This section of the book is from "The Complete Herbalist" by Dr. O. Phelps Brown. Also available from Amazon: The Complete Herbalist: The People Their Own Physicians By The Use Of Nature's Remedies.
COMMON NAME. Bouncing Bet.
MEDICINAL PARTS. The root and leaves.
Description. -- This is a stout perennial, herbaceous plant, with a stem from one to two feet in height. The leaves are lanceolate, smooth: flowers are many, large, flesh-colored, or pale-pink, and often double; fruit an oblong one-celled capsule.
History. -- This plant grows in roadsides and waste places in Europe and the United States. It flowers in the early part of July in Europe, but in America in the early part of August. The leaves and root are the parts used medicinally. They have a sweet and bitter taste combined, "with a subsequent persistent pungency and a benumbing sensation." When the root and leaves are subjected to the extractive powers of water they yield a residue something like soap-suds. Their active properties are brought out by either water or alcohol--by the latter particularly. The root gives a principle called Saponin, which is very valuable.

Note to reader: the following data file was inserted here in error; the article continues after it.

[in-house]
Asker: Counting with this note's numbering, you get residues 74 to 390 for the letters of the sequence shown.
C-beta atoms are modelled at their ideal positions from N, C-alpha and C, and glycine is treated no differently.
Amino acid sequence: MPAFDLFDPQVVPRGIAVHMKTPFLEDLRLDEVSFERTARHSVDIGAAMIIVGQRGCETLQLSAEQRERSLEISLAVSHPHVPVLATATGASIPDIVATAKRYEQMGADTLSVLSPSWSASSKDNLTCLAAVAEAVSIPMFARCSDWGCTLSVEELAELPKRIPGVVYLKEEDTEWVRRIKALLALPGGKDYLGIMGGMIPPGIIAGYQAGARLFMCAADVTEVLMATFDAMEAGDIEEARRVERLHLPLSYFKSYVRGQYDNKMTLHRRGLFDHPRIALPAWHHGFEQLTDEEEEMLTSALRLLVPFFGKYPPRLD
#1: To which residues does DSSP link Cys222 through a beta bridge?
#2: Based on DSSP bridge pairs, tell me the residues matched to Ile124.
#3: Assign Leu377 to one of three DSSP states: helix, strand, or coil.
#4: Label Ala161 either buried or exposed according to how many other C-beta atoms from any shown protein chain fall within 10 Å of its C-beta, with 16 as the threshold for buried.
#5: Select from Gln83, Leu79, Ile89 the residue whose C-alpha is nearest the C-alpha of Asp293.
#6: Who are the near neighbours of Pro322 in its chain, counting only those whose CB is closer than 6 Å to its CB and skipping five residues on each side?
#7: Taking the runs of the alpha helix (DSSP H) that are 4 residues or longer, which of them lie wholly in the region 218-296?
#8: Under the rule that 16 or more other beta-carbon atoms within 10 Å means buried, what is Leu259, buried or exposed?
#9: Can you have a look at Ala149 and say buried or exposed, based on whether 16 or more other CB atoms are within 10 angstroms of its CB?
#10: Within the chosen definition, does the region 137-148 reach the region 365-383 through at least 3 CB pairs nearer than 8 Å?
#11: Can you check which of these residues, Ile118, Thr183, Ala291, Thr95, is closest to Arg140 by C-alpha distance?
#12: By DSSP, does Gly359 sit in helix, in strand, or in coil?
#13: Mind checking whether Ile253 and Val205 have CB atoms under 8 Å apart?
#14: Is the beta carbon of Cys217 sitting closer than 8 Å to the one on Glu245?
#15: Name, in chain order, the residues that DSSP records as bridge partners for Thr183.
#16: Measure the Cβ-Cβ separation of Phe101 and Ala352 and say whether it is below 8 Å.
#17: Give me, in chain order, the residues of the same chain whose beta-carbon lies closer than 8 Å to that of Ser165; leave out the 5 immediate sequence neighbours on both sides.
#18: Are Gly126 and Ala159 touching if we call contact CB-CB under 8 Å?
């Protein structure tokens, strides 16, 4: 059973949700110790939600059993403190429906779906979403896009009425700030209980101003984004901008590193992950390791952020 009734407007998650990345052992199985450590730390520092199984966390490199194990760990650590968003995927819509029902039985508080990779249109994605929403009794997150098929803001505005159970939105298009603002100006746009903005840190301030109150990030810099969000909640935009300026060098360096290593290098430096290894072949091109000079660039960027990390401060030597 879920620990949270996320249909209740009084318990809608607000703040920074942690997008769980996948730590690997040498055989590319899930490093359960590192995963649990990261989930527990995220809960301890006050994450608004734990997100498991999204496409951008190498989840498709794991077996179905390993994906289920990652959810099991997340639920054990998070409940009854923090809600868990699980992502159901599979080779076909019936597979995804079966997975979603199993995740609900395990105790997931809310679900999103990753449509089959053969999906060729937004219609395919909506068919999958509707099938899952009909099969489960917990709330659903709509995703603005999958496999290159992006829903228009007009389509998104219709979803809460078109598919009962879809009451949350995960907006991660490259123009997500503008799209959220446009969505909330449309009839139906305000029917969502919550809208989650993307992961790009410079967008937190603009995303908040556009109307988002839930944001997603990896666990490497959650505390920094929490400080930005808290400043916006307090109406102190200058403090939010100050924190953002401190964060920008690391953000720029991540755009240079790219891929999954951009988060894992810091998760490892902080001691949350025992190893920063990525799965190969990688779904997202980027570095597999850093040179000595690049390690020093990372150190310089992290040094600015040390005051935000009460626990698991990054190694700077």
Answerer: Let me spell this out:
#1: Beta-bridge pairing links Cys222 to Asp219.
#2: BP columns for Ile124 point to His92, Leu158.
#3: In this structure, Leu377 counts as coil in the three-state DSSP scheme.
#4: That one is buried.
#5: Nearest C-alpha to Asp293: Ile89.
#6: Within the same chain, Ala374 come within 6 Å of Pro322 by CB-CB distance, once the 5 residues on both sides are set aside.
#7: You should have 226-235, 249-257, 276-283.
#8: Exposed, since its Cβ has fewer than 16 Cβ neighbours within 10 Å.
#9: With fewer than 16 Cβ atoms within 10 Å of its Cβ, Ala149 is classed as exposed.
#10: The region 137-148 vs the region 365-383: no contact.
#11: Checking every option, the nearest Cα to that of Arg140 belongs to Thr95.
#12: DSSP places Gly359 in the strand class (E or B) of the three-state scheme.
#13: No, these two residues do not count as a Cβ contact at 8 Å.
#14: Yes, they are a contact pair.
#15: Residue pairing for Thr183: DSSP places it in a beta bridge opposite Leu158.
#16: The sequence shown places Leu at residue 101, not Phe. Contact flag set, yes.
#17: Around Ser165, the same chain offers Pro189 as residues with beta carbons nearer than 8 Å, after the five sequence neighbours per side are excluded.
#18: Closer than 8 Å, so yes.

Properties and Uses. -- It is largely and valuably employed in the treatment of diseases of the liver, scrofulous, syphilitic, and cutaneous afflictions of a severe character; also catarrh, rheumatism, gonorrhoea, whites, and green sickness. Saponin can be prepared only by a competent herbal chemist. In its absence use decoctions of the leaves and roots. Dose of the decoction, from one to two fluid ounces, three times a day. I employ the saponaceous qualities of this plant, which I extract from the root by chemical processes in my laboratory, as a constituent of my "Renovating Pill." (See page 469.)